What the torah says about: the world cup

By Rabbi Yisroel Newman

Torah For TodayThe Midrash tells us: “During the holiday of Succot, the Jewish people offer 70 bulls, dedicated to the welfare of the 70 nations. Said the Jews to God: “Master of the universe! We offered 70 bulls for the benefit of the 70 nations.

Naturally we would expect them to appreciate us. Yet in reality they loathe us!” Without getting into the relationship between Jews and Gentiles and the connotations of anti-Semitism, what this Midrash also points out is the fire of competition between countries, which doesn’t seem like something that can be easily extinguished.

The most popular sport on earth today is football, (or “soccer” as they call it my adopted home, the US). Coming up right now is the World Cup, during which 32 countries will fight their way to be crowned victorious come the end of the tournament.

As is the case with every phenomenon in God’s world, this game can serve as a model and metaphor for our mission in life. The objective of the game of football is to move a ball into a “goal”.This would be easy to achieve, were it not for the opposing team doing everything in its power to prevent a goal.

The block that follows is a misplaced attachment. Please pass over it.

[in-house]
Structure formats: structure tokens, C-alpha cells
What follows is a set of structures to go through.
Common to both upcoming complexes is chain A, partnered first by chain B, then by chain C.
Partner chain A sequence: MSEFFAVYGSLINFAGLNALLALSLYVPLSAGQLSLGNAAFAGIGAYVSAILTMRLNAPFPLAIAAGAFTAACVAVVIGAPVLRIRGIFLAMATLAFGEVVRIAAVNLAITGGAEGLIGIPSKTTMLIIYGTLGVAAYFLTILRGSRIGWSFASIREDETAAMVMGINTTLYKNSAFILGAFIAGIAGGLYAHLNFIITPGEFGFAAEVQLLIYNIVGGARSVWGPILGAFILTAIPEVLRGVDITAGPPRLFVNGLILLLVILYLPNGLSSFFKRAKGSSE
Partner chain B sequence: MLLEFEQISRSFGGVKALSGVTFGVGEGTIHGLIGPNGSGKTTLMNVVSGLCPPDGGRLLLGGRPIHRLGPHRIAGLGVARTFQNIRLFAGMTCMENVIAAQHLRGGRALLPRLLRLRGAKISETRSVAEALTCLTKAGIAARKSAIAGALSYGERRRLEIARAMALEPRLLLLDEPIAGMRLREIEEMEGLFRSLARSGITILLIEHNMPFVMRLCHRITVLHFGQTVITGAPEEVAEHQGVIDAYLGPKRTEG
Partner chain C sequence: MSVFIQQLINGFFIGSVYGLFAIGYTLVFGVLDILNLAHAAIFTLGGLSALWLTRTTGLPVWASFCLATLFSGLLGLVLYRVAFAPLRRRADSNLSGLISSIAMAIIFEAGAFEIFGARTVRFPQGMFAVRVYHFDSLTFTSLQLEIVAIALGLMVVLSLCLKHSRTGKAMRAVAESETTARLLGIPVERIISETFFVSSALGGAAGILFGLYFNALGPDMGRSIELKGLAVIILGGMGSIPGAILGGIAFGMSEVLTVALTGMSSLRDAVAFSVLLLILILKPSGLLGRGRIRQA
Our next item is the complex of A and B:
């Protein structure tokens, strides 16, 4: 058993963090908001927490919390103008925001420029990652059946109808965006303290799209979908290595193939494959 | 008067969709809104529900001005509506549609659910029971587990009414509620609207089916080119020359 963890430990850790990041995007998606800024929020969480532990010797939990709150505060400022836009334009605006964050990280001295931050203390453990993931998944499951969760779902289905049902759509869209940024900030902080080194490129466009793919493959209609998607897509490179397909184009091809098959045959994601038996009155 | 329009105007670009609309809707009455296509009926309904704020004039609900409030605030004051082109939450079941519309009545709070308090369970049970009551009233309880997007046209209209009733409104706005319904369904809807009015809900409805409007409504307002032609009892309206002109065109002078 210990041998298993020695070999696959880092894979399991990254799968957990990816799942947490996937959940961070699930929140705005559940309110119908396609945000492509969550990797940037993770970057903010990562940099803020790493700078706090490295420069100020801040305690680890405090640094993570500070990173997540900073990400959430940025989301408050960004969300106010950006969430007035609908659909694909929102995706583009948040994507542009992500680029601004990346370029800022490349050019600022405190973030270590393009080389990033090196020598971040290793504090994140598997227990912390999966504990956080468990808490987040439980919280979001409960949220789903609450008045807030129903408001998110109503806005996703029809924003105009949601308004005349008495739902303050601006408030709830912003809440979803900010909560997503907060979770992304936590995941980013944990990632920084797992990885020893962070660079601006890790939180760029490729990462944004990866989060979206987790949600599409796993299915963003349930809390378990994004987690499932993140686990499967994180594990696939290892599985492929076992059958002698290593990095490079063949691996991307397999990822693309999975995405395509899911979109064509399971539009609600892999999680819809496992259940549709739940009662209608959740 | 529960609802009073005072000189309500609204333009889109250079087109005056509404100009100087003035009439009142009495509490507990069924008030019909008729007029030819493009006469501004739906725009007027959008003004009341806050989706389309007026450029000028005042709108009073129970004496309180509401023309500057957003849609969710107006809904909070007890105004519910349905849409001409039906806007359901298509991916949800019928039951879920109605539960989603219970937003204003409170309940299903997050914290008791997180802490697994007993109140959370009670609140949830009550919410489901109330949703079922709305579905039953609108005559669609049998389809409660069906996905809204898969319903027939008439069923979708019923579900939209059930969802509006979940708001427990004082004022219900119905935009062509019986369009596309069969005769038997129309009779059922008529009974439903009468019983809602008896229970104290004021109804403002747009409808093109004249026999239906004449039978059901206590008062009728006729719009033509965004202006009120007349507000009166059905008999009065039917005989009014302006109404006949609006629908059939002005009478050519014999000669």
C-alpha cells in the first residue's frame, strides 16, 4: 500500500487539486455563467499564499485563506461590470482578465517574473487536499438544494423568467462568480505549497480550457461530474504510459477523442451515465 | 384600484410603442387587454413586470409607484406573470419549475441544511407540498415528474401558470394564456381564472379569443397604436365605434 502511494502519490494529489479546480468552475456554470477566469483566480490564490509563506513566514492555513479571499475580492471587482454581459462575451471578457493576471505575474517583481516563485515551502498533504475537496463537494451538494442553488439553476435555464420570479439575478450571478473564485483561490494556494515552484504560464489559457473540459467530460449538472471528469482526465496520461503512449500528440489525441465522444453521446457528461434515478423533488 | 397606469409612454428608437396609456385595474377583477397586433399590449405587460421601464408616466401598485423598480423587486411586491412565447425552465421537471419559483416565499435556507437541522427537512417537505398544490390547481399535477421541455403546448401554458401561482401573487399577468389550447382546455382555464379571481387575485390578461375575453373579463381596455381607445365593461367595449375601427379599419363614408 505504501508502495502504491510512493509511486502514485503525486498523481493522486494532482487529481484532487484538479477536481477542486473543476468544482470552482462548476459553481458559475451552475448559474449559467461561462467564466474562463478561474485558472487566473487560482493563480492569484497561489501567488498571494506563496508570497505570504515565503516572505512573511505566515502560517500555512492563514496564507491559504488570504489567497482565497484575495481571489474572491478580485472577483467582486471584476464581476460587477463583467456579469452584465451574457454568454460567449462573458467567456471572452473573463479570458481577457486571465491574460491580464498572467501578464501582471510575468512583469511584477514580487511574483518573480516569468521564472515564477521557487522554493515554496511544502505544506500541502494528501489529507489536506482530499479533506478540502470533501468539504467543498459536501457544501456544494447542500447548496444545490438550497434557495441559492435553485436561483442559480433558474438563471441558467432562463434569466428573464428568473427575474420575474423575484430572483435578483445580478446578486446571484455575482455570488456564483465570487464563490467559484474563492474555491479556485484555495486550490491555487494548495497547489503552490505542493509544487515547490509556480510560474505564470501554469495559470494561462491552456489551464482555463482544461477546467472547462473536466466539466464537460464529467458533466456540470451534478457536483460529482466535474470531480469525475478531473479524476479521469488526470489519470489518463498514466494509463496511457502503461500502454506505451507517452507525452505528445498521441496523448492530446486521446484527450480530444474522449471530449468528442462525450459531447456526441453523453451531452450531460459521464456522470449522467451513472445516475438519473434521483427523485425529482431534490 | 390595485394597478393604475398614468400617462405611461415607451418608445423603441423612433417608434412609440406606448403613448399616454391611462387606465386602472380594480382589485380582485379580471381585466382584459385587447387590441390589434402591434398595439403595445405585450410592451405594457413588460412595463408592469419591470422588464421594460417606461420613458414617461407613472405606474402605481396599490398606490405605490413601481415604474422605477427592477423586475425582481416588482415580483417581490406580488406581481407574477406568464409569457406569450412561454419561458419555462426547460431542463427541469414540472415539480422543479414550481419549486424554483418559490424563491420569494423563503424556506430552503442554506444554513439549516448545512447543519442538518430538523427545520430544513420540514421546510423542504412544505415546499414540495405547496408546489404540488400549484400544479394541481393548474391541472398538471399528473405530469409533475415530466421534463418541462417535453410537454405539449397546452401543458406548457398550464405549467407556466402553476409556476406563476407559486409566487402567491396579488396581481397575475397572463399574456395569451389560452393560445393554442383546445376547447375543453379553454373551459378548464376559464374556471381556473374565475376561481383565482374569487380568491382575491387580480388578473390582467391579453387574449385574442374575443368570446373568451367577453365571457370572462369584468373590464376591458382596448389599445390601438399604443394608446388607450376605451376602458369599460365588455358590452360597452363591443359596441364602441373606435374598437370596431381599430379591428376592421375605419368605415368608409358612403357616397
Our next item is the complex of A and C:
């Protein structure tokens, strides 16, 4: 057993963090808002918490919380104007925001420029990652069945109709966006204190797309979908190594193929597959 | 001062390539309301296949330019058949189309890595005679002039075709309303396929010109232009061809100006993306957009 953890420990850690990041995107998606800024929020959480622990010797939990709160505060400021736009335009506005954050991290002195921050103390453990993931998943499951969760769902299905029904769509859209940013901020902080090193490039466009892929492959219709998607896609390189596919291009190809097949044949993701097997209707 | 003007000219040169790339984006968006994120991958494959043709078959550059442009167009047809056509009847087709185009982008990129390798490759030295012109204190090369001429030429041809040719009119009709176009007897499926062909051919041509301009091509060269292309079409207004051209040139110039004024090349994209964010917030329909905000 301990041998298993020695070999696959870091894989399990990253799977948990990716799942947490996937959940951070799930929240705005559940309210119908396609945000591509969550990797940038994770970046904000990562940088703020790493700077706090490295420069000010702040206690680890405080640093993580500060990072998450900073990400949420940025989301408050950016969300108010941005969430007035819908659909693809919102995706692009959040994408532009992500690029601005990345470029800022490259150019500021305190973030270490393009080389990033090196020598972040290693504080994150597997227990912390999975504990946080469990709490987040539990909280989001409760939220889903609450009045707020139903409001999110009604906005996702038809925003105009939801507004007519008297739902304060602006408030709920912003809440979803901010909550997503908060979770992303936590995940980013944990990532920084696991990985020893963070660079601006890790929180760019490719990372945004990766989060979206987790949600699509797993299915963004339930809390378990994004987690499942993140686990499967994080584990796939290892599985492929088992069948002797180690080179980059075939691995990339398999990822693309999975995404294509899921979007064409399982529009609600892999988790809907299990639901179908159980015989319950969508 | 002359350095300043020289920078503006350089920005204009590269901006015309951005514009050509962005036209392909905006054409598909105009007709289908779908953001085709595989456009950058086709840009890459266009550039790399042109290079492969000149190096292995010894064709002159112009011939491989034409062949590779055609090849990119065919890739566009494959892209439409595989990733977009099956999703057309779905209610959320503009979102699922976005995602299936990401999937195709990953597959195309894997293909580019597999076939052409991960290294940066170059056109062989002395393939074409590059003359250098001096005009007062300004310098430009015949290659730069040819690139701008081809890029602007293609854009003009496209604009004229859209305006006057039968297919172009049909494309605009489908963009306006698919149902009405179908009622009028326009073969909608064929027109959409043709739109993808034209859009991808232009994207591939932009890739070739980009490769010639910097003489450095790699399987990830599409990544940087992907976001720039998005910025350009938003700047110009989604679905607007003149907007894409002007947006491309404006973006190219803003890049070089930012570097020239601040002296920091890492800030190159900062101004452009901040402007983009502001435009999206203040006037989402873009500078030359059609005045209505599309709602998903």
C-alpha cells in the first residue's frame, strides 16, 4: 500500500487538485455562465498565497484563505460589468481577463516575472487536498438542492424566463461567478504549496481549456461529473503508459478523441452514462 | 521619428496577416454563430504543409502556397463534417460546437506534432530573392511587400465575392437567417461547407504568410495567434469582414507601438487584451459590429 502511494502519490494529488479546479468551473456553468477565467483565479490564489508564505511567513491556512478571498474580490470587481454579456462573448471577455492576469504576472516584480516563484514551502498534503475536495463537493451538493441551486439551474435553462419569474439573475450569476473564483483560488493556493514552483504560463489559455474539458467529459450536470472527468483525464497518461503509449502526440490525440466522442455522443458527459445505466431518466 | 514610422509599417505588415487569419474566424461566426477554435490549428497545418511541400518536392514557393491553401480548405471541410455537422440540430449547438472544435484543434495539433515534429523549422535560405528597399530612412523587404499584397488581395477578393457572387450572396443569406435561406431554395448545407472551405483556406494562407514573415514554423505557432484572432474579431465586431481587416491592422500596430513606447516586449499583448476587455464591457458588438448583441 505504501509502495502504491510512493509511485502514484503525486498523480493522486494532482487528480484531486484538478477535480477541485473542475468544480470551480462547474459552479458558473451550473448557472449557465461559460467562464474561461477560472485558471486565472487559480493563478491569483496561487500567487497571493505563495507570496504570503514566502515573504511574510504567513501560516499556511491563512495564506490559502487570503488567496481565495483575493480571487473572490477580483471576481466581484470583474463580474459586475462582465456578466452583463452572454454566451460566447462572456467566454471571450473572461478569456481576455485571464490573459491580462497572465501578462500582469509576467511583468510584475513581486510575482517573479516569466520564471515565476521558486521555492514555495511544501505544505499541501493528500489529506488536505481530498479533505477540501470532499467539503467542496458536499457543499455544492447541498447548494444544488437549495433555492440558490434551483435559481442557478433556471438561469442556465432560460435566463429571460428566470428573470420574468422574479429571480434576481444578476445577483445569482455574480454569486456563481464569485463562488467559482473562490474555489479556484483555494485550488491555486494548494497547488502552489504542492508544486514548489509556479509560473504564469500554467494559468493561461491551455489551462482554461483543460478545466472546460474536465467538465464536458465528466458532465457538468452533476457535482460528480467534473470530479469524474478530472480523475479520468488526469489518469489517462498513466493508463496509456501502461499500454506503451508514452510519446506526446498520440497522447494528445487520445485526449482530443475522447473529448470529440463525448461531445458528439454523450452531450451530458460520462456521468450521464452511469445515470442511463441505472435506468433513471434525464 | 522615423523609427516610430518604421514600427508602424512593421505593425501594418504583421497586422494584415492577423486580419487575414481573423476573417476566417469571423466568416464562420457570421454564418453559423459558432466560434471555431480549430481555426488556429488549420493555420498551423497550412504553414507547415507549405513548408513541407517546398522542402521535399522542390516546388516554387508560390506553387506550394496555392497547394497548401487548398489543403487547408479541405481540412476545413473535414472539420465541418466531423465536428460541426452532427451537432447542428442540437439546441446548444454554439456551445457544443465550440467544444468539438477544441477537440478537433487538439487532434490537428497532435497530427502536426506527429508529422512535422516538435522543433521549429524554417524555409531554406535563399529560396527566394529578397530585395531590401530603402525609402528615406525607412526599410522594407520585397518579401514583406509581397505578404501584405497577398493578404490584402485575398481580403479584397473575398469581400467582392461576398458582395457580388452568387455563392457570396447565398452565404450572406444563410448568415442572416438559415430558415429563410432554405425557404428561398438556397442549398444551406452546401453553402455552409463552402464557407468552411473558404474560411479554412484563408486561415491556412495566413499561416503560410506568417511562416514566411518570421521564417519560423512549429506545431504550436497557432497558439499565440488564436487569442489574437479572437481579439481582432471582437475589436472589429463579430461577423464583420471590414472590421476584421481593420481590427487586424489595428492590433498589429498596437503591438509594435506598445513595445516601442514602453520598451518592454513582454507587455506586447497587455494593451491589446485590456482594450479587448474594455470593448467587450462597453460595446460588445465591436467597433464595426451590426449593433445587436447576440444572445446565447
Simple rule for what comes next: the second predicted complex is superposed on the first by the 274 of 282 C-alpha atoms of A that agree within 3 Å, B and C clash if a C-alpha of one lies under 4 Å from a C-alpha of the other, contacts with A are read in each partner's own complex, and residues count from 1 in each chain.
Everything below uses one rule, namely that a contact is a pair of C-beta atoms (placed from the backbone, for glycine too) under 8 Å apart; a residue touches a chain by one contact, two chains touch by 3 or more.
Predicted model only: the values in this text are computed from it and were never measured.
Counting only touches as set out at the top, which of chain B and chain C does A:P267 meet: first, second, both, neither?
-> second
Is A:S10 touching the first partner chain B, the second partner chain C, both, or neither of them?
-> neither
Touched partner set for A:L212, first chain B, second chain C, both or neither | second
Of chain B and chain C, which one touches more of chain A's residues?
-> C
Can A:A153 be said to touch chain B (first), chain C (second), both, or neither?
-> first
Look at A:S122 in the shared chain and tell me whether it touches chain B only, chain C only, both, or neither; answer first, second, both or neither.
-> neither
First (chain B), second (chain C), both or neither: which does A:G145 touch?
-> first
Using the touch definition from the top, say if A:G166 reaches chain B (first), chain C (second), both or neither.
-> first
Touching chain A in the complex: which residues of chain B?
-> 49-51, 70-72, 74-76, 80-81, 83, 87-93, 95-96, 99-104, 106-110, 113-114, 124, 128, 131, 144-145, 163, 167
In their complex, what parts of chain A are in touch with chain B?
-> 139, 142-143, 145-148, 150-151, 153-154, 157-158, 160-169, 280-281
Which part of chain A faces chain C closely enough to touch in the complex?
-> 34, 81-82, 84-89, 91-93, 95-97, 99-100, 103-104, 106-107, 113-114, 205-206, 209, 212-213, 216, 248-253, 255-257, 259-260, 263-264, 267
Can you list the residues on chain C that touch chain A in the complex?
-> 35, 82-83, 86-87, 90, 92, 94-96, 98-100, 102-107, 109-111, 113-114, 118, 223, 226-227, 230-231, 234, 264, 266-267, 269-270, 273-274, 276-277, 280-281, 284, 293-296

But then again, if there were no opposing team, the full extent of the players’ skill and power would never be actualised. For such is the nature of the human being: our most potent potentials are awakened only by challenge and adversity. What does this teach us regarding our daily endeavours and inner lives? The earth is a sphere – a fact mentioned in the Jerusalem Talmud.

The objective of life is to move this “ball” into the “Shaar HaMelech”– the gate of the King. By fulfilling the mitzvot of the Torah, we move the world toward the goal of its creation. At our every step, an opposing team – composed of our own negative traits and habits – obstructs our advance towards the goal and seeks to move the ball in the opposite direction.

But it is the perpetual presence of this opposition that provokes our deepest potentials and maximises our achievements. Another lesson is never to underestimate the power of the feet. To advance the ball towards its goal, we make use of the full array of our faculties, but our most important faculty is the “feet”, which represent our capacity for action and “mindless” obedience.

Although it is the least sophisticated of our faculties, it is our unequivocal commitment to the divine will and the physical action of the mitzvot that has the greatest impact upon our world. Much like the World Cup tournament, if everyone on our “team” can work together striving for the same “goal”, we can achieve the utopian moment of peace and victory.

• Rabbi Yisroel Newman lives in New York. He can be contacted via email at rabbi@askrabbiteddy.com, and can be followed on Twitter @askrabbiteddy